An economy that is back on track

We must keep in mind that the growth was despite the second wave of the pandemic and therefore, while there is a base effect, there was also the simultaneous impact of another wave

Published: 07th September 2021 12:17 AM  |   Last Updated: 07th September 2021 12:17 AM   |  A+A-


(Express Illustrations | Soumyadip Sinha)

The recent release of India’s first quarter statistics warrants an article discussing the numbers, but more importantly, analysing the likely trajectory of the economy going forward. Such a discussion is important as many have been anxious with regards to their future economic conditions.

Even as growth statistics were being dissected, many were quick to point at the base effects, i.e. that the economy contracted in the first quarter of 2020 by 24.4%. No doubt, there is a base effect, but one must analyse the data while keeping in mind the large exogenous shocks that had an impact on our economy. These shocks are largely the first and second wave of the pandemic—and their lingering impact on sectors such as contact services. Thus, the contraction in the first quarter of the financial year was due to an exogenous shock of a pandemic that disrupted economic activity across the world due to lockdowns and other mobility restrictions.

That the economy was well on its path to recovery before the second wave hit us is also visible when one looks at the sequential quarterly GDP numbers. In fact, when one looks at the first quarter results, we must keep in mind that this was despite the second wave of the pandemic and therefore, while there is a base effect, there was also the simultaneous impact of another wave of surge in infections.

There are two things that are certain given the latest data print: first is that the second wave did not have much impact on our economy; instead, it perhaps just delayed or rather prolonged our growth recovery process. Second, the economy is well on track to achieve a modest growth compared to the 2019 levels in India. Sequential growth statistics are of instructive use as one can clearly note visible trends that suggest an ongoing recovery cycle that appears to be robust even though it may be prolonged.

This recovery in part has been achieved through a cleverly designed Covid-19 stimulus package that provided income support to the poor and vulnerable—whether in the form of cash transfers or free food grains. For the businesses, support was provided in the form of credit guarantees. This was further supported by various incentives to manufacturing firms along with a comprehensive agenda of economic reforms.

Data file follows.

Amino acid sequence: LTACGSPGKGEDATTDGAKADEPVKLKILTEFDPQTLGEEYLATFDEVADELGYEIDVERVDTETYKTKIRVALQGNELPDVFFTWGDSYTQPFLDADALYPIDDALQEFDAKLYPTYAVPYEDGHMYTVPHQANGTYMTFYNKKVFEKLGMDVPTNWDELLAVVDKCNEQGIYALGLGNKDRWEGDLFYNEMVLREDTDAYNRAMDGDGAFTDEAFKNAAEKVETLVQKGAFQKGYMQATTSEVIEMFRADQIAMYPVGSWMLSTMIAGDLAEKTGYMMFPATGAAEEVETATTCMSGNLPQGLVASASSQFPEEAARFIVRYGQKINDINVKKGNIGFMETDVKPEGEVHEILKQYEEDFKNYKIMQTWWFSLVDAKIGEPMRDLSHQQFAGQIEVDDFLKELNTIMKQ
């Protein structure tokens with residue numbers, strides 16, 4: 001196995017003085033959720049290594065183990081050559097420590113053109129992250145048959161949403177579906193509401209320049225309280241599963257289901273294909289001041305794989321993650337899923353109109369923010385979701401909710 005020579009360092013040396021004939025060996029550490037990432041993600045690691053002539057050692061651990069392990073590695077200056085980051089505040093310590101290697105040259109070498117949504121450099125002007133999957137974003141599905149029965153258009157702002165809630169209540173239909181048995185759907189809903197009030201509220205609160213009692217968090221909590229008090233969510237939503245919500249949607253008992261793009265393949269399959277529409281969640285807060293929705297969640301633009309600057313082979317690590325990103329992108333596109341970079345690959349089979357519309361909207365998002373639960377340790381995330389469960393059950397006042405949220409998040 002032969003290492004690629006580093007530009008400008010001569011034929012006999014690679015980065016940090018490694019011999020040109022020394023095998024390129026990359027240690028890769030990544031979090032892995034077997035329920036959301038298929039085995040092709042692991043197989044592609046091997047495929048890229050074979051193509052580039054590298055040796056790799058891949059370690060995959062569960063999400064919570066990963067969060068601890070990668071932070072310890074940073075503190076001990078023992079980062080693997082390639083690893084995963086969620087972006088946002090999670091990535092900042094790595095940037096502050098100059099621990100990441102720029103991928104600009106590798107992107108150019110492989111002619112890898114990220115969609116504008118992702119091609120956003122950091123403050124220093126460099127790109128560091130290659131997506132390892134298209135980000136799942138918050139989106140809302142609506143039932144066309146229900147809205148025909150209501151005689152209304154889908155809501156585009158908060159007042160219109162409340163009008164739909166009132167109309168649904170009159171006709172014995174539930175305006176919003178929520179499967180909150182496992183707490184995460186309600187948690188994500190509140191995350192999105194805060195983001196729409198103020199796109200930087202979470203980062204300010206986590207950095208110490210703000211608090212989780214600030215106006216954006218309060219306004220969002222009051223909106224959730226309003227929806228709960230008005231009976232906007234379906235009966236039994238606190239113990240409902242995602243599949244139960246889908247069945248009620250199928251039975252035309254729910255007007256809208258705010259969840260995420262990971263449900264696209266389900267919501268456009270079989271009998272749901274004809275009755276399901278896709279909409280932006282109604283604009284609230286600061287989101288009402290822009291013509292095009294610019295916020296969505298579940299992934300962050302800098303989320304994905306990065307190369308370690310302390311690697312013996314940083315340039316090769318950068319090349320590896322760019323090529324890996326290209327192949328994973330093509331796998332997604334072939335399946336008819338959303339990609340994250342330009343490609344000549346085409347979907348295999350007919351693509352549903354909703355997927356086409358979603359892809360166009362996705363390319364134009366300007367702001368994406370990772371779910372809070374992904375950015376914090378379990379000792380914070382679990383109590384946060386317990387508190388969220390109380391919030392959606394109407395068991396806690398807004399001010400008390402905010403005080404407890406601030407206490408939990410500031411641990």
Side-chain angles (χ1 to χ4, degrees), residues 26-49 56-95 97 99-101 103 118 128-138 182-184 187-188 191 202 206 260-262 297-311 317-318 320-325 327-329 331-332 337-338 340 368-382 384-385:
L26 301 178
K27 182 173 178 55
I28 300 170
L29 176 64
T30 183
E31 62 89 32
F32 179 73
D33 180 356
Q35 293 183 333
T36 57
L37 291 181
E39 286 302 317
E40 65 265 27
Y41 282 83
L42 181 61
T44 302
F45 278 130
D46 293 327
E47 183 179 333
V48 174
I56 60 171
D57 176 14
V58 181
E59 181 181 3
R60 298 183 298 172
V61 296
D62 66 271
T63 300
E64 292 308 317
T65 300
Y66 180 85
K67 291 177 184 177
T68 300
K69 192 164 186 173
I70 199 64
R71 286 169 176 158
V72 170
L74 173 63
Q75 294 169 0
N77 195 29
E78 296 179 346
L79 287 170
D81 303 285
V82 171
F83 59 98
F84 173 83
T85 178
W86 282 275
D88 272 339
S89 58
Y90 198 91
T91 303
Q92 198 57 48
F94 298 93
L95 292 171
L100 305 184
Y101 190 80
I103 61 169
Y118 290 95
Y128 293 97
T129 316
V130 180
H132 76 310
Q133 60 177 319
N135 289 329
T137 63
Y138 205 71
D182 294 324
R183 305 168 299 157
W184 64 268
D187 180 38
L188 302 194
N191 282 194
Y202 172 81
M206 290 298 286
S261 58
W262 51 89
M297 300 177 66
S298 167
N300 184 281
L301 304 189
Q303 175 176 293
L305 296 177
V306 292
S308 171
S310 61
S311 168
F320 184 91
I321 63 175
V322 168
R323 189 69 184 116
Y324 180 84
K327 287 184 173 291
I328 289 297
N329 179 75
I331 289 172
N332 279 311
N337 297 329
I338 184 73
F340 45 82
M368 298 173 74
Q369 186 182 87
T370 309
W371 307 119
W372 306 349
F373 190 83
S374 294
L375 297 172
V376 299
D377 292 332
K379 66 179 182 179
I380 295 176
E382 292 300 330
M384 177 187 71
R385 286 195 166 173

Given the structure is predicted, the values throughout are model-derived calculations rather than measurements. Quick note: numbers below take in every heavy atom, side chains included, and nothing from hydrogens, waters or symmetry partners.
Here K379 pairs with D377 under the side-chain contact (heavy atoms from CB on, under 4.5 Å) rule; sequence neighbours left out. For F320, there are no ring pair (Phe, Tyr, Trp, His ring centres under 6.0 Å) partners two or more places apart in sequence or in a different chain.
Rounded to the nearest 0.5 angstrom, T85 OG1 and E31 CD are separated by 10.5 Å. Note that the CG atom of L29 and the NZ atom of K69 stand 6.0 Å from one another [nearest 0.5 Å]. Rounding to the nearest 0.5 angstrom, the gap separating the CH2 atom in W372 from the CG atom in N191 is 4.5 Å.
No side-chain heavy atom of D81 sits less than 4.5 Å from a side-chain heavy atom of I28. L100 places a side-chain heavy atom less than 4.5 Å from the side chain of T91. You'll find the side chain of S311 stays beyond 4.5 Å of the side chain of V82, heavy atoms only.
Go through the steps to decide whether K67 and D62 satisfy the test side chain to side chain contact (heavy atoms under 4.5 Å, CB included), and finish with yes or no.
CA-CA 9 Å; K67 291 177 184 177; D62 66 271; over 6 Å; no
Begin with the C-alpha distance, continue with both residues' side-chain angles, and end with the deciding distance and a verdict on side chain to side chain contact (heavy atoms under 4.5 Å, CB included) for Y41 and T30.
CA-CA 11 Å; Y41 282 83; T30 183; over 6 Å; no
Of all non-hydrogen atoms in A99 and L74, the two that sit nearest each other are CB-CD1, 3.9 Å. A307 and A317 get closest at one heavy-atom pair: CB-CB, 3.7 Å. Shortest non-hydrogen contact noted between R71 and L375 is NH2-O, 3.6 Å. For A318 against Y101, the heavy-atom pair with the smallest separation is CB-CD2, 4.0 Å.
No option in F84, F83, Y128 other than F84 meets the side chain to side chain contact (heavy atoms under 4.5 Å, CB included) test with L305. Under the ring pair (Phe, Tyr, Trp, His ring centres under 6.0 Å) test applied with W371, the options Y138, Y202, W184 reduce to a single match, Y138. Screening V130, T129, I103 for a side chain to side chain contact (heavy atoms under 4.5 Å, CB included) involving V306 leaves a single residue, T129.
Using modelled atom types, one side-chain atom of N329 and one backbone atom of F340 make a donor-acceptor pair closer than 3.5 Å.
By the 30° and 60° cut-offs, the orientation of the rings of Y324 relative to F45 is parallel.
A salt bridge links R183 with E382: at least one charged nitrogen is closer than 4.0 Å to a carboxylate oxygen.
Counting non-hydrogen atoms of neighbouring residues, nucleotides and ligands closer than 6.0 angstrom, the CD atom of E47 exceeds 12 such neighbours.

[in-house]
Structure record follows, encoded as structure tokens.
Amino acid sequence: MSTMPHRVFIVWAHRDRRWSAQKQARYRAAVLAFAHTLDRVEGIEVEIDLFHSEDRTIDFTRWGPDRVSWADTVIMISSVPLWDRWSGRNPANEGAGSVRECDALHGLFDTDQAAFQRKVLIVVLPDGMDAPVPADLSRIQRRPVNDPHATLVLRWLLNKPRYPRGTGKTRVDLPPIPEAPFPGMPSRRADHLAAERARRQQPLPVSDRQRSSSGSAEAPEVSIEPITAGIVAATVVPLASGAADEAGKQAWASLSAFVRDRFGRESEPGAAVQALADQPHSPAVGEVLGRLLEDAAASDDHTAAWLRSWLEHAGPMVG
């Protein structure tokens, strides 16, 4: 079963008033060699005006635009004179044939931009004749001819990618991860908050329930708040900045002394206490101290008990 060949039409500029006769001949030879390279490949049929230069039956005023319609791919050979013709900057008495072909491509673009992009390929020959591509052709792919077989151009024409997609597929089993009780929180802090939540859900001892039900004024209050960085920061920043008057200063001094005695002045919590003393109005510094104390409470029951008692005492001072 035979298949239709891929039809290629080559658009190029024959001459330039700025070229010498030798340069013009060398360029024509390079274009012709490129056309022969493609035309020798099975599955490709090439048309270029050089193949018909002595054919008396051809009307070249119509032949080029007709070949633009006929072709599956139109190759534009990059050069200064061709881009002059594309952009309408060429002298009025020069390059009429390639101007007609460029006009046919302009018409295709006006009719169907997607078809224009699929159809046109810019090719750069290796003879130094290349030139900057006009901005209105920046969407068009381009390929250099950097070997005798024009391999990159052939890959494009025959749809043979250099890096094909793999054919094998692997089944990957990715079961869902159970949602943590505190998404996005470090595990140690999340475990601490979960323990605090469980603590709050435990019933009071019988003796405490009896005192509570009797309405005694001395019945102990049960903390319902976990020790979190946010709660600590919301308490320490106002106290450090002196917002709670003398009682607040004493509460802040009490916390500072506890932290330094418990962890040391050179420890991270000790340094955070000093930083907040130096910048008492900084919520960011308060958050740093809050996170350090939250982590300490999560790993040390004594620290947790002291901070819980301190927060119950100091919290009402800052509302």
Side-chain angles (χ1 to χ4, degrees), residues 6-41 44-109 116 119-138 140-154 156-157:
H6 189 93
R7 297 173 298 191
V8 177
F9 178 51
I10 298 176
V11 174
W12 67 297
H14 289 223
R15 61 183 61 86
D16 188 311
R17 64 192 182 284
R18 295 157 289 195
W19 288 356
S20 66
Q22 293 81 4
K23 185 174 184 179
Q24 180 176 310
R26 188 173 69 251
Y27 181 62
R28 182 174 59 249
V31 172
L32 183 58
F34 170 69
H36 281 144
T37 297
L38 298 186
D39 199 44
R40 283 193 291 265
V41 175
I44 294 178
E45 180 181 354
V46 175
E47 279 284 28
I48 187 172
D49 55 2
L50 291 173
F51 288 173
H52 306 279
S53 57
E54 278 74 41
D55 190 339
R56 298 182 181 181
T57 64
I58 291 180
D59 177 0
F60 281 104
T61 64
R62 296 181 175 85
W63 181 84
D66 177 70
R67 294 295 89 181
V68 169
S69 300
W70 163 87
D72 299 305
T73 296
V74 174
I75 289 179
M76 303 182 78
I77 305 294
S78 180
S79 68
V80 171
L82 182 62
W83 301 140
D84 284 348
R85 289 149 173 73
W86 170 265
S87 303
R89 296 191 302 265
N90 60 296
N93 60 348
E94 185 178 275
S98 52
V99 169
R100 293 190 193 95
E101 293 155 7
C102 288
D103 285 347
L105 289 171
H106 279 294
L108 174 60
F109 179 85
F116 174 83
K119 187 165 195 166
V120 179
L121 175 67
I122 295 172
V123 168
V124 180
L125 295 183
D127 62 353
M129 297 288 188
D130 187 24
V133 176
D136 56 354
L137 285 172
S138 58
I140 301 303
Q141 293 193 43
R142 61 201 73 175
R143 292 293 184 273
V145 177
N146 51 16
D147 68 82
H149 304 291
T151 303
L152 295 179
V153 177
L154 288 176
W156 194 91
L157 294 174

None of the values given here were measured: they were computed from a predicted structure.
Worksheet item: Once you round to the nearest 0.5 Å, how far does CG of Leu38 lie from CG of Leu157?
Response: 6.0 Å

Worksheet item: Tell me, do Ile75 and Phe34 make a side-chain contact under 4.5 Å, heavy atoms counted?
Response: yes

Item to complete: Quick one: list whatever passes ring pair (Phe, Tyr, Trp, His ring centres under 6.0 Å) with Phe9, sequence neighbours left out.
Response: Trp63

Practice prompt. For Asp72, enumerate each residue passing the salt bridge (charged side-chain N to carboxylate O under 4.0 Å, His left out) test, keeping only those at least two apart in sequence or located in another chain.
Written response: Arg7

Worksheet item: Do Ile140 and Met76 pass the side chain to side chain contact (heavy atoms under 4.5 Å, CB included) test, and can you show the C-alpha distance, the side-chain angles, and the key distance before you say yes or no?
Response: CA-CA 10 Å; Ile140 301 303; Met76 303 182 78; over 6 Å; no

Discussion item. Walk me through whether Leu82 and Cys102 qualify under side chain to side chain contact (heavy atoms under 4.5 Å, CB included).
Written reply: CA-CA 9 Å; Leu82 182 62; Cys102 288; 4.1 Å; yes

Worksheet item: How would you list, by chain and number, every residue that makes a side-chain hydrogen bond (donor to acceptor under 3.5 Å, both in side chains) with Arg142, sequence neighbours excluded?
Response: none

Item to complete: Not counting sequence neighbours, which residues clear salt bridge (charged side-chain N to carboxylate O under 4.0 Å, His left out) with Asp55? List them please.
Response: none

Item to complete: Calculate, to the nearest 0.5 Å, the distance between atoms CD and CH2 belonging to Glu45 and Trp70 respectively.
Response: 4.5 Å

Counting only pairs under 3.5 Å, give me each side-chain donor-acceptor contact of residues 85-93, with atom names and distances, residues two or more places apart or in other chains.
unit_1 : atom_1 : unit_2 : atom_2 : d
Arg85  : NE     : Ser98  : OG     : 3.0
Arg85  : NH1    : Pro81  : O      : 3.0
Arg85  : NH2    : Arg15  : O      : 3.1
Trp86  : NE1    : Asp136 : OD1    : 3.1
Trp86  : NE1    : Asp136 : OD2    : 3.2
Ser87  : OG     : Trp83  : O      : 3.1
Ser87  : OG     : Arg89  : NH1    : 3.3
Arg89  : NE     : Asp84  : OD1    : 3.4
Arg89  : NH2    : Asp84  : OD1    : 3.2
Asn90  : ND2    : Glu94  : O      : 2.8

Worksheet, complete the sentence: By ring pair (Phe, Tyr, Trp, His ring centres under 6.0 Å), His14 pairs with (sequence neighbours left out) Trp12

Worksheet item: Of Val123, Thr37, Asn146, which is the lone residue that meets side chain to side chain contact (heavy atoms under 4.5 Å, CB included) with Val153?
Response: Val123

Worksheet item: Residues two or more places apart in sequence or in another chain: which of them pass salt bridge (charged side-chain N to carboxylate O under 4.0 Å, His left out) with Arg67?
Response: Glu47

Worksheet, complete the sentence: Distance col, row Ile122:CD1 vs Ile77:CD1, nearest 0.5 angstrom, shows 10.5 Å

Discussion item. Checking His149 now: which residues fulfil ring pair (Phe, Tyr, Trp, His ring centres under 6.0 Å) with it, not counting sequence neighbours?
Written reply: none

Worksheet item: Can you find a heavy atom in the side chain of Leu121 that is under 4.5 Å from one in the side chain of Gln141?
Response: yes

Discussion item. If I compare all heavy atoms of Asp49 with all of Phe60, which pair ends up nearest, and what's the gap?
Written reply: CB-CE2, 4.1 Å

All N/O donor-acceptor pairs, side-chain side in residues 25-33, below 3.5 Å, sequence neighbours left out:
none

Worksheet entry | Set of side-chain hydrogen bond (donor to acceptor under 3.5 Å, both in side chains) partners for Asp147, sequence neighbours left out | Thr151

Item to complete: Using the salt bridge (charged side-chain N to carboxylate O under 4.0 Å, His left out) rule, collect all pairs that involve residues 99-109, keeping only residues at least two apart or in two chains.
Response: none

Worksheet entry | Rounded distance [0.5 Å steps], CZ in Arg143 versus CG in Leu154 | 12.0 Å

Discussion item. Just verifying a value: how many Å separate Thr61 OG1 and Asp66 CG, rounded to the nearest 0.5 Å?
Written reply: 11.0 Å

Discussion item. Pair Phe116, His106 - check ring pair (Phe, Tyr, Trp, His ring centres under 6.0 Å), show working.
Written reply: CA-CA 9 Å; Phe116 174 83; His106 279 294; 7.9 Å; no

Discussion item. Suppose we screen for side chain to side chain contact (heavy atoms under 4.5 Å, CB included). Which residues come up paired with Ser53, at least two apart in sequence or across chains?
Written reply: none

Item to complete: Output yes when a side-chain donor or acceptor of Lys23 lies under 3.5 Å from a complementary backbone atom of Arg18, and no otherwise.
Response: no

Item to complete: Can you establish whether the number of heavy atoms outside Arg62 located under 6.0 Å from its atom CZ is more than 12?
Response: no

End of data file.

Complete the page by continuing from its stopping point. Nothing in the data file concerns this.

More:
India’s GDP in 2021 will therefore be slightly more than that in 2019, but this means that the pandemic has in fact imposed an opportunity cost in the form of foregone growth on the economy. Of course, it is still too soon to evaluate if there will be any long-term impact, whether on human capital or productivity levels due to the pandemic, but so far it appears that the approach towards reforms were focused on preventing them in some ways.

Even as many caution about the looming prospects of a third wave, the muted economic impact of the second wave reveals the decreasing impact of the progression of the pandemic on the economy. Moreover, with India’s vaccination efforts picking pace, one is hopeful that there may not be a third wave and even if there is one, it may be muted.

The key takeaways for me from the latest print also included the fact that the government’s spending has been modest during the first quarter, which means the bulk of the recovery was aided by consumption expenditures and investments in the economy. The 8.7% increase in our exports compared to 2019 are also positive and it reaffirms the view presented repeatedly about the stimulus given in advanced economies having a positive impact on India’s growth recovery process.

It is encouraging to note that the recovery has been largely aided by the private sector rather than government expenditures as it should reflect a healthier fiscal position for the exchequer over time. However, it will be a good idea to continue with the expenditures provisioned in the Budget over the second half of the financial year and continue with higher-than-usual expenditures in the form of capital outlays for the coming years. This will be instrumental in recovering the opportunity costs in the form of lower growth in 2019, 2020 and 2021 while also helping create fresh infrastructure as envisaged in the National Infrastructure Pipeline.

The first quarter growth statistics may still be 9% below Q1 2019-20; however, there is a real possibility that 2021 will see a very modest growth over the 2019 economic levels. Therefore, one can safely argue that the worst for the economy is largely over. As far as future growth trajectory is concerned, there are far too many forecasters in the ring, but my money is on sustaining a 7-7.5% growth rate over this decade while registering an 8% or so growth rate over the foreseeable future.

Karan Bhasin, New York-based policy researcher (


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